Steller Sea Lion

Eumetopias jubatus

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  • Steller Sea Lion | Brehm's Life of animals: Volume 1, Mammalia c1895 Photo: Jim Pfeiffenberger, NPS
  • Steller Sea Lion | Brehm's Life of animals: Volume 1, Mammalia c1895 Photo: Jim Pfeiffenberger, NPS
  • Steller Sea Lion | Brehm's Life of animals: Volume 1, Mammalia c1895 Photo: Jim Pfeiffenberger, NPS
  • Steller Sea Lion | Brehm's Life of animals: Volume 1, Mammalia c1895 Photo: Jim Pfeiffenberger, NPS
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Steller Sea Lion Photo Gallery

Basic Information

Other names

Northern Sea Lion

Order

Carnivora

Family

Otariidae

Size

Steller Sea Lions are generally between 7.5 and 9.5 feet in length.

Lifespan

up to 30 years

Weight

Steller Sea Lion (Eumetopias jubatus) facts, habitat, diet, range, sea lion pictures and more to help you learn to identify the large marine mammal.

Diet

Carnivore

Breeding

Male Steller Sea Lions are polygynous. Dominant males are generally the only ones who mate, however that does not stop young males from sneaking onto rookeries in search of a female companion.

Range

Pacific Coast -Alaska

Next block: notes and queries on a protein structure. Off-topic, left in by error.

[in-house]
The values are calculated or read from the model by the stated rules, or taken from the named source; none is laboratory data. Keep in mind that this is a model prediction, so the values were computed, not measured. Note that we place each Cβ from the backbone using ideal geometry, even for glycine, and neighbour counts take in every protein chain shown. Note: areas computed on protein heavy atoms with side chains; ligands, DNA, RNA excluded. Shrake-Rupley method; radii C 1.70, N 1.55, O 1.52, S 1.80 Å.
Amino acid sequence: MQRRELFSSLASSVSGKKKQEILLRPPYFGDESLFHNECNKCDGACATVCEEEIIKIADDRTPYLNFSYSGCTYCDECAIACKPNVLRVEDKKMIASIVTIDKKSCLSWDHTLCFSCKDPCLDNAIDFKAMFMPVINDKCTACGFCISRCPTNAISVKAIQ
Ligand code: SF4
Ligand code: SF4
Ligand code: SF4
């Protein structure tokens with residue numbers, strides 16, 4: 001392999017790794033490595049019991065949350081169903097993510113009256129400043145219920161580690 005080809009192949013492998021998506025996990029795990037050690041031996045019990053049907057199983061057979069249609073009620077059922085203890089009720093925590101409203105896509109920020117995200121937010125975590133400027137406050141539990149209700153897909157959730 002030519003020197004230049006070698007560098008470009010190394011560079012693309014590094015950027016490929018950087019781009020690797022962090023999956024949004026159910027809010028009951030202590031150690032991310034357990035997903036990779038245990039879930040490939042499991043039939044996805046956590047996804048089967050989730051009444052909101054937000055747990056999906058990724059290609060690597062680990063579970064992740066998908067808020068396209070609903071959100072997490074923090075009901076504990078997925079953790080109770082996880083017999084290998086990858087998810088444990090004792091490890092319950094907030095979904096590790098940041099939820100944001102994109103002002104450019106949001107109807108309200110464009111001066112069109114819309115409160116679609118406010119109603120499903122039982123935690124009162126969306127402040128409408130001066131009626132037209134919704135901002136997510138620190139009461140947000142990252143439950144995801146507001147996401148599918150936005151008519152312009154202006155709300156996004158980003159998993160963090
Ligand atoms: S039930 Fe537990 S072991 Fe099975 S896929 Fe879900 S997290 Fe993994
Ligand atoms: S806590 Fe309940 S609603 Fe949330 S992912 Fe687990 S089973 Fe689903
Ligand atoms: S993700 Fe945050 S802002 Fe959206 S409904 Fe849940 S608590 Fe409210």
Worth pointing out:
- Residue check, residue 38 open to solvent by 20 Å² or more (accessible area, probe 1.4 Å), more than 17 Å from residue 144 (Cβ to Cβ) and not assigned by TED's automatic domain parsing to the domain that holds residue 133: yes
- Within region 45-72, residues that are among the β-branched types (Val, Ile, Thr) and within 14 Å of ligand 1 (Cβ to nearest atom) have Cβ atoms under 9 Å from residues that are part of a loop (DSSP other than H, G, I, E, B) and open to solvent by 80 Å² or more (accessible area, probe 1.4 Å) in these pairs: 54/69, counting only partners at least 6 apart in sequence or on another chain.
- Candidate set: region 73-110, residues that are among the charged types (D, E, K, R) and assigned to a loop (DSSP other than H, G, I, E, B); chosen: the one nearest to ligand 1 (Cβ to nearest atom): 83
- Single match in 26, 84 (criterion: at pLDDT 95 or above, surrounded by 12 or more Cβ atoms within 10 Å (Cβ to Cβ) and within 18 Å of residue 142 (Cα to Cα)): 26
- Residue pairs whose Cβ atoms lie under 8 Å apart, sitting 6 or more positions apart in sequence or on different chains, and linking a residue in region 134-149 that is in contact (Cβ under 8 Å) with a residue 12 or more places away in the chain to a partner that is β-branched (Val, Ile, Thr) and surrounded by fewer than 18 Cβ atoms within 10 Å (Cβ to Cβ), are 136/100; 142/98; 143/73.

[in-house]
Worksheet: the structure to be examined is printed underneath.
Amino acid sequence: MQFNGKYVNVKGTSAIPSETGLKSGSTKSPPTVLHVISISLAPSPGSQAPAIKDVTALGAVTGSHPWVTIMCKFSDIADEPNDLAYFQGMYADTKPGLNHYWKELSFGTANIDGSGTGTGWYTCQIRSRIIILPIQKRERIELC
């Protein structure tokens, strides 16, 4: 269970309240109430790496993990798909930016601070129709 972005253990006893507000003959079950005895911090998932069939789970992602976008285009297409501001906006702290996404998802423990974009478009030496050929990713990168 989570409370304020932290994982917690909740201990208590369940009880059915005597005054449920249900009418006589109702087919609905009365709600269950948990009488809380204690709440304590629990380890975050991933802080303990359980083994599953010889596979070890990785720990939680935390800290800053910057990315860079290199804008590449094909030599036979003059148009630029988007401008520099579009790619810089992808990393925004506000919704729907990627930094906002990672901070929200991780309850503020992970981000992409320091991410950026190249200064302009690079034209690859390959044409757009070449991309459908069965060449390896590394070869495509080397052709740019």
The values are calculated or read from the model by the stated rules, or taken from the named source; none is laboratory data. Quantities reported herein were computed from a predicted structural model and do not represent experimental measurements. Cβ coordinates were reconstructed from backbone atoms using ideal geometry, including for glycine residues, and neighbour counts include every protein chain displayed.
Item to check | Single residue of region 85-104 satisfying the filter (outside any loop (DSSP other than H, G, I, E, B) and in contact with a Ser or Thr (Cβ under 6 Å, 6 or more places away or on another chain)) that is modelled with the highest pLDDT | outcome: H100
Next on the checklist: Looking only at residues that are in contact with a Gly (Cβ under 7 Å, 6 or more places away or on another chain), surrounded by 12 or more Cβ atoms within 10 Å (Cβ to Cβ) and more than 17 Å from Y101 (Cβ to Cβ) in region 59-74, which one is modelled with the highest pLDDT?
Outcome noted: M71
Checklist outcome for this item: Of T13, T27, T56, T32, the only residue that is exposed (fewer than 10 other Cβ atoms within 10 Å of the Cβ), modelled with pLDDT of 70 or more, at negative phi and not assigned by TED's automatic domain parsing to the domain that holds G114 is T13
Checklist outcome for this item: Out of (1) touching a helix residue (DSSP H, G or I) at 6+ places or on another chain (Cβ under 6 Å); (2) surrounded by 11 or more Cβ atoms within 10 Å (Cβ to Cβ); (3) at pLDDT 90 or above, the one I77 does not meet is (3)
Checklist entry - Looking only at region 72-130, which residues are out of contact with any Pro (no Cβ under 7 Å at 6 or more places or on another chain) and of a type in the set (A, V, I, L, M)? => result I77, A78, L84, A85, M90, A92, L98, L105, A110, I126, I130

Number of Offspring

1 pup

Observation Tips

Kenai Fjords National Park offers a great chance to observe Steller Sea Lions in the wild.

What does the Steller Sea Lion look like?

Steller Sea Lions have a lighter coloration than other sea lions. They range from a light yellow to tawny red, however pups are nearly black when born. Both sexes grow quickly until sexual maturity is reached. Males are larger than females and have broader chests, necks and foreheads. They also have flatter snouts and darker tufted hairs on their necks.

Steller Sea Lion Habitat

Shorelines

Steller Sea Lion Facts

Steller Sea Lions are the largest sea lions in the world and the only member of the genus "Eumetopias." They are agile swimmers and can stay under water for up to two minutes and dive as deep at 1,300 feet, they not as graceful on land. They feed on a wide variety of fish and have few natural predators with the exception of Killer Whales and other shark species. Recently, numbers of Steller Sea Lions have fallen dramatically in their Alaskan Range. While the exact reason is not known, scientists strongly suspect is it related to overfishing of Pollock and Herring along the Alaska coast.

See also